One thing that this article didn’t mention was reporting structure. For my own workflow, the cross-departmental reporting (usually based on project assignments) is among the most detrimental to success. Person A may require an excel doc of data while Person B wants a marketing or demographics analysis of what the data contains. Since the reporting isn’t coordinated, it often results in projects that are similar but require 2x the amount of work, since they each have a different focus point. I’ve often wondered if 3rd party applications could be a useful tool, but it seems like that would lead us to point #5!

  2. I enjoyed reading this blog post. The second item, “The team is all over the place”, really hits home, because I am an offsite individual myself. I have seen multiple occasions in which two offsite team members perform duplicate tasks. Do you think that a project communications plan would assist in mitigating this issue? We had this issue during our field service project, and I felt it was due to the project communications plan not being utilized properly; I feel that if a RACI (Responsible, Accountable, Consult, Inform) chart is supplied on a weekly basis, it reduces this possibility.

  3. Great post! The point on shifting priorities hit home. No project has the same parameters from start to finish. Budgets change and projects for particular clients get pushed up in priority on the timeline. Additionally, I think it is also important to note the changing “unspoken” priorities of each team member. Each person wants to champion a particular aspect of the project. While taking ownership keeps the team invested, it can also result in very unproductive meetings, with each person continually circling back to the same topic. Teams need to define what the most important aspects of the project are in a prioritized list. This will help in the selection process down the road and can serve as a reminder, keeping the team on track during future meetings. Anytime a suggestion is brought up, you should measure it against your prioritized goals for the overall purpose of the project. “We want to accomplish A, B, C. Does X idea enhance or detract from those goals?”

  4. Good topic and post. The article raises many valid points about the challenges of modern-day project management.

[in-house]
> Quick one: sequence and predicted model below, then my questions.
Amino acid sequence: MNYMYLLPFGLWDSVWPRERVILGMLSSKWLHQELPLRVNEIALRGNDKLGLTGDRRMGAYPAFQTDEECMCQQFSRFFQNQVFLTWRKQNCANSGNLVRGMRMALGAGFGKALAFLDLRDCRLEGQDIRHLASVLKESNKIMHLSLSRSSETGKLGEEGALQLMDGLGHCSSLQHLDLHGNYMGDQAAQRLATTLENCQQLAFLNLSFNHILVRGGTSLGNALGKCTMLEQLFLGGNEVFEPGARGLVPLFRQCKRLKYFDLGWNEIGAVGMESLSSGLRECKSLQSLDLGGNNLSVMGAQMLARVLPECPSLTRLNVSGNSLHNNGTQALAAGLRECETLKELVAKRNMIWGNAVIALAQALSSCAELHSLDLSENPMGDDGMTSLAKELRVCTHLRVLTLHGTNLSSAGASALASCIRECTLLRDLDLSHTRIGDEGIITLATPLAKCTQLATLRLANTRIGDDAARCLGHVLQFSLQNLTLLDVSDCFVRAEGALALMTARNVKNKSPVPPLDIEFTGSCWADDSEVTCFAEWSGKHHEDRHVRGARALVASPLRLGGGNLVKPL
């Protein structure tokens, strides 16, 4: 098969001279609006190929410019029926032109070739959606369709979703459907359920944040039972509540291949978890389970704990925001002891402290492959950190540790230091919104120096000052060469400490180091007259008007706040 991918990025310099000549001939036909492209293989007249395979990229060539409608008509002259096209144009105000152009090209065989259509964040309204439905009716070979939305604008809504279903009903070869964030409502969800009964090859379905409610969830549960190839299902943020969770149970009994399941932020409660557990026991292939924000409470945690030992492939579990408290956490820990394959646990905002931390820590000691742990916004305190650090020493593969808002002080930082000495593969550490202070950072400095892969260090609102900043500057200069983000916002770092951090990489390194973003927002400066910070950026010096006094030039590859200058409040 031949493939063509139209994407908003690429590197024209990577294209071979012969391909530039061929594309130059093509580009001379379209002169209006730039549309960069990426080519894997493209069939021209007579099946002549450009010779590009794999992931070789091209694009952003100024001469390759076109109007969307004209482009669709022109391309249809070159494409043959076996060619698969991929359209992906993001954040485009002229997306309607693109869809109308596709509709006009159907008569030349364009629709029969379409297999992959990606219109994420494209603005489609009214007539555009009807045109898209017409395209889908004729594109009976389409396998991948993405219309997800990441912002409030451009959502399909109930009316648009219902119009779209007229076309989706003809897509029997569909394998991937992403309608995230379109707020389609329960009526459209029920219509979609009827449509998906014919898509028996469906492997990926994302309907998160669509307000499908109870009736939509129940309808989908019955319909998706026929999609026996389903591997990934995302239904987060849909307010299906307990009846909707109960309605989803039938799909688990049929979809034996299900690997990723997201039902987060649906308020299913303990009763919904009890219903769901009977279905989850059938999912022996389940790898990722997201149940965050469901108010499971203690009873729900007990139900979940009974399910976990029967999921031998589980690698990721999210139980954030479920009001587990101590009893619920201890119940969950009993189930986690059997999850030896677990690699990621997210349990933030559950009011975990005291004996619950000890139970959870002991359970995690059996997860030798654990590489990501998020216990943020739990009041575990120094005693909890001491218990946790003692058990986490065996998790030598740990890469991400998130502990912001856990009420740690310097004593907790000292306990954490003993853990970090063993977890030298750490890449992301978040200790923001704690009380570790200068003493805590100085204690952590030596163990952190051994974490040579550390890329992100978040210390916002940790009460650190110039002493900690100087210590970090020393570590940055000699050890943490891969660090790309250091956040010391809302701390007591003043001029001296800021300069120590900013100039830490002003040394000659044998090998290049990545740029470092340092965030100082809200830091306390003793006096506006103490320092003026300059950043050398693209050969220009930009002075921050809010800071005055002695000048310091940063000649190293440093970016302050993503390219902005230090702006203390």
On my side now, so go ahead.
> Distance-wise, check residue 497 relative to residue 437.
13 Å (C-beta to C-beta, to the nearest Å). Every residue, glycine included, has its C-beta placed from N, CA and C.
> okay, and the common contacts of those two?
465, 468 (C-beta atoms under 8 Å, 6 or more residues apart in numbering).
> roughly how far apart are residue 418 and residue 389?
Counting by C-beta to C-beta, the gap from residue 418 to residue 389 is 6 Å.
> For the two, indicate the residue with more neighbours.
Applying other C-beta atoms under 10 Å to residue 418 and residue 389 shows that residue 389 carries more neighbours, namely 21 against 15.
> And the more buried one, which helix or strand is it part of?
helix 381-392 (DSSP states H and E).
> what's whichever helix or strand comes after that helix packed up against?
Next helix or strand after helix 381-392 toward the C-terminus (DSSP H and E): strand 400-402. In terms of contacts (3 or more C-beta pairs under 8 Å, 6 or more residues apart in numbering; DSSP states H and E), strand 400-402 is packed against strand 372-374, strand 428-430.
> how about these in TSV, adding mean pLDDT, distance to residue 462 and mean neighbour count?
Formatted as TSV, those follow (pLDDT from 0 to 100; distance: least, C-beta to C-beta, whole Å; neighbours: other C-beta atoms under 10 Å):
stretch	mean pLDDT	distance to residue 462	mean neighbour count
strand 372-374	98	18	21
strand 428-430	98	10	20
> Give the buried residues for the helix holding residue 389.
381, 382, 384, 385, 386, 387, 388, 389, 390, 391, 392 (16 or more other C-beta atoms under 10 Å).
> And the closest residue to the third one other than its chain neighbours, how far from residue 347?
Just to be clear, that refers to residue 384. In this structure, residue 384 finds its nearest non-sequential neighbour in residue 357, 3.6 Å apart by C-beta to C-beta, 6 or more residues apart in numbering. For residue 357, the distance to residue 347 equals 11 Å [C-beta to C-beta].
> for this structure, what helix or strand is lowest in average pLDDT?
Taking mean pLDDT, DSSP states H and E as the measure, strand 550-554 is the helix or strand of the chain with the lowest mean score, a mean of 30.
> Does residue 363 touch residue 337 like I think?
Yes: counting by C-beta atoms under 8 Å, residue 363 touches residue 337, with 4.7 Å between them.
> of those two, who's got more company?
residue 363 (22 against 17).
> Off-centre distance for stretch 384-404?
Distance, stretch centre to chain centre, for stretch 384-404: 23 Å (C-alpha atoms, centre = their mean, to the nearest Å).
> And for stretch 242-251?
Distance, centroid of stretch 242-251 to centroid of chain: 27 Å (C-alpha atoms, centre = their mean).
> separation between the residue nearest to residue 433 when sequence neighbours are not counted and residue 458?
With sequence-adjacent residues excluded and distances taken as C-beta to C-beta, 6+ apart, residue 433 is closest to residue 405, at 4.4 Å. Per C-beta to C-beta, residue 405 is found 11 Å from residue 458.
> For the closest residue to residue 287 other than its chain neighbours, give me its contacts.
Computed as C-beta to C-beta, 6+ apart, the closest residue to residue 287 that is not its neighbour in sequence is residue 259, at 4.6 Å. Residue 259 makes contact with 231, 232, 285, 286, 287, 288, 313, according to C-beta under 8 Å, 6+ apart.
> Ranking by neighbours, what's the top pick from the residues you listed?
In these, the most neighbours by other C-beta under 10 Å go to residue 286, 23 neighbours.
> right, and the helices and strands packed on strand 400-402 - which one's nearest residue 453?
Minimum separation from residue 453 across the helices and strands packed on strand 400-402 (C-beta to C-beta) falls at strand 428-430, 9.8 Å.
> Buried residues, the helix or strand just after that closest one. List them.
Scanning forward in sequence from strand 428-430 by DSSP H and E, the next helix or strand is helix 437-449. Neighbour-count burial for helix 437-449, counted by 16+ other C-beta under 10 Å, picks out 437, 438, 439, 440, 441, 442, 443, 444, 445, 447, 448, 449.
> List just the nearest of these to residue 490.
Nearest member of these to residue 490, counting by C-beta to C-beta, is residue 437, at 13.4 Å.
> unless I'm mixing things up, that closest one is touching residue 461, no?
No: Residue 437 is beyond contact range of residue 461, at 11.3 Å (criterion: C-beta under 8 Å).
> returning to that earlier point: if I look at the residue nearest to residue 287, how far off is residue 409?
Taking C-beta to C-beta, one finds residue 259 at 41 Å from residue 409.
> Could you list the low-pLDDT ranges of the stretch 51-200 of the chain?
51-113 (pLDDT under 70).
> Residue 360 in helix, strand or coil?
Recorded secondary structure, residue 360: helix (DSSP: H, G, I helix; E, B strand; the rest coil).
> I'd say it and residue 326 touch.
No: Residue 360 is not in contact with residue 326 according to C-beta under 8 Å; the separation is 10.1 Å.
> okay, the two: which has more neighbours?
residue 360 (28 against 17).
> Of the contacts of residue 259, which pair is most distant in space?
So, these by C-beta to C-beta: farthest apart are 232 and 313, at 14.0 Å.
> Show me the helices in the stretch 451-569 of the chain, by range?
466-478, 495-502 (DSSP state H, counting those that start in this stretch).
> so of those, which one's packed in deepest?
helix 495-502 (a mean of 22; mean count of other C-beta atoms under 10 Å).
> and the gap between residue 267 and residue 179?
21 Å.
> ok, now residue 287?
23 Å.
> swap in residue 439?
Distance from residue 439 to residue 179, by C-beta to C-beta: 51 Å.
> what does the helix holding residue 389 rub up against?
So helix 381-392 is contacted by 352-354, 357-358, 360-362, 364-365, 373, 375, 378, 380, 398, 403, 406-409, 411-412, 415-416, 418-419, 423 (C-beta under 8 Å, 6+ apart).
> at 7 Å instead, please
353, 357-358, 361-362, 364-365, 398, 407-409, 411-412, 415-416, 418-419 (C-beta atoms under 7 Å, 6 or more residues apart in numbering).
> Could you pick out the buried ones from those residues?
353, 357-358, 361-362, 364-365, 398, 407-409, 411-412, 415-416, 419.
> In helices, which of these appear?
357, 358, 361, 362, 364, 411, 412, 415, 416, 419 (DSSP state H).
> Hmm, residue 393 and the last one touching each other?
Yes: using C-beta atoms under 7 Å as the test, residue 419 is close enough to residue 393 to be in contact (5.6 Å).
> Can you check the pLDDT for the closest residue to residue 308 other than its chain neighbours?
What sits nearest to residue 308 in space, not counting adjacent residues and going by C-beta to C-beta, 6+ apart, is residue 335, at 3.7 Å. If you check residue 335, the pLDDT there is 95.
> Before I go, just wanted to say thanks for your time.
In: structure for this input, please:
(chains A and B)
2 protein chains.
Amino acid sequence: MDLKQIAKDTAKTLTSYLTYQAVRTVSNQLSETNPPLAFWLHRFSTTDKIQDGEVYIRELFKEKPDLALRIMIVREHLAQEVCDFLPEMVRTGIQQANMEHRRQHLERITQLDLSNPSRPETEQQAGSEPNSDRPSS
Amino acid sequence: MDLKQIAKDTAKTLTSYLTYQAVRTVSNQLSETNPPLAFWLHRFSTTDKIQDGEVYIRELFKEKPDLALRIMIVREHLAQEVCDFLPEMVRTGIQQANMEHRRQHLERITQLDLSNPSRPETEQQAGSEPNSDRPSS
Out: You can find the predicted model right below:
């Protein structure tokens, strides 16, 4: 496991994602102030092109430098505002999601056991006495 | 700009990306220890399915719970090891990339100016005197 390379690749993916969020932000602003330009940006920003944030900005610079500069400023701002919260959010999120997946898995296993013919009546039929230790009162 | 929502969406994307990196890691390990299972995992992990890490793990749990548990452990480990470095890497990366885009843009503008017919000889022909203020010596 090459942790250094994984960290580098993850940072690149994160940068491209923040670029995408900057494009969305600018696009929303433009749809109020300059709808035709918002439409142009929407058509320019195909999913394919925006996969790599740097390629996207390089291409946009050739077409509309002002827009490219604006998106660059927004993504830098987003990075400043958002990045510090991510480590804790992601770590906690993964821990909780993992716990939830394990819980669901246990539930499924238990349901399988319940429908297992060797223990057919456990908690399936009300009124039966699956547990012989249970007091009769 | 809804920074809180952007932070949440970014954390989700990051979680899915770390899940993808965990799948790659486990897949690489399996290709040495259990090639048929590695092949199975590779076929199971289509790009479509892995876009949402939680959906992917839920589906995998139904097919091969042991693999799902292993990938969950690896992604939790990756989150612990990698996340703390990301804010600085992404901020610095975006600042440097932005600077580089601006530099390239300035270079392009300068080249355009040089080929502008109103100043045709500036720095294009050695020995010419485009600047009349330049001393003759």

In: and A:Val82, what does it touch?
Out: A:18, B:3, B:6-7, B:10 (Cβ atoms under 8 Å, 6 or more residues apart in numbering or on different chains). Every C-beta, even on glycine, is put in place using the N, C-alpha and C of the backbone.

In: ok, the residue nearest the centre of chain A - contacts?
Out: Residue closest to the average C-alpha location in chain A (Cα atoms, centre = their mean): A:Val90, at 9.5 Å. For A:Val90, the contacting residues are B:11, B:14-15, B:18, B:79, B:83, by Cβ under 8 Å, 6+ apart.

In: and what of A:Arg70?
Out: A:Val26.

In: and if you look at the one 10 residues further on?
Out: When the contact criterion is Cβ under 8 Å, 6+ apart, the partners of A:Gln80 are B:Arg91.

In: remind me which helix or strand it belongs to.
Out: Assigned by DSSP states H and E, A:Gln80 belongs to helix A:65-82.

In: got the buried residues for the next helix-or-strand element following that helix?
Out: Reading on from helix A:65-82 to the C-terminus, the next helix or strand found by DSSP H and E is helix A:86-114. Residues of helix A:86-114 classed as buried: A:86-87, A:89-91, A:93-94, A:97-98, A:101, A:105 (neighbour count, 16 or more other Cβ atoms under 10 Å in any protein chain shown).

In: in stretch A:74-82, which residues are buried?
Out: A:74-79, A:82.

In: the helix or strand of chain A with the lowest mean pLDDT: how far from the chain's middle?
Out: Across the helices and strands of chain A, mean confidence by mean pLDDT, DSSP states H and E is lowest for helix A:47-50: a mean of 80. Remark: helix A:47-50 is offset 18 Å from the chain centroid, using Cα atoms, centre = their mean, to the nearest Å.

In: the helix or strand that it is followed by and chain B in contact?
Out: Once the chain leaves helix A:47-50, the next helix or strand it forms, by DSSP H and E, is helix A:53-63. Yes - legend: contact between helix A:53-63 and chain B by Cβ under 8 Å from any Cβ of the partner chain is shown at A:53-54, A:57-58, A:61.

Having the appropriate tools in place can facilitate project management, but ultimately the project manager has to make things work with the resources that are available. In our modern age, we’ve come to rely on so many internet-based technological solutions such as share drives, webinars, video conferences, and email, that it seems incredible we were able to send humans to the moon without their use.

    Effective use of human capital is critical to successful project management. Aside from assuring appropriate organization of timelines and assignments, and accessibility of documentation, the project manager has to possess soft skills (i.e., the ability to constructively work with diverse personality types and orchestrate their efforts) that are adequate to keep team members engaged and motivated, and intervene appropriately when conflicts arise. Soft skill deficiency is a roadblock for project managers with even the most honed organizational skills and an abundance of resources at their disposal.

  5. I really enjoy reading this article and blog post. I think it’s a good first article to read, before starting our group project, it helps you identify risk and errors that could come during the project. I consider that the second point, “Team is all over the place” could be critical, because you can lose precious time, considering that we only have 8 weeks to do the project. The project manager could help mitigate that risk, organizing, moderating and leading the group meetings. About points 3 “priorities are shifting”, 4 “Individual goals are not clear” and 5 “Using wrong tools” I would add a little paragraph a few names of apps that can help you remedy those problems, like Trello which is an application that helps you organize task and clearly delimitates tasks between group members to eliminate redundancy, and helps you identify priorities.

  6. I can really relate to the ideas in this blog and article. I have seen these roadblocks and agree these are main factors that can hinder the success of a project. Many times a project will change: goals, budget, and timeline. This obstacle must be dealt with in a collaborative team. Everyone should be on board and have a strong visual representation of the project and changes. As I work in a company where you are usually working with someone that is not within your office, I find that communication and a clear agreed upon vision of the project is crucial to the project’s success and efficiency. I also want to stress that web-based tools can save a great amount of money when completing a project. My firm has gone to all web based tools where everyone is able to see different parts of the project and also share different documents that might be valuable for other areas of the project. Thank you for sharing the article I enjoyed reading this as I have seen this often.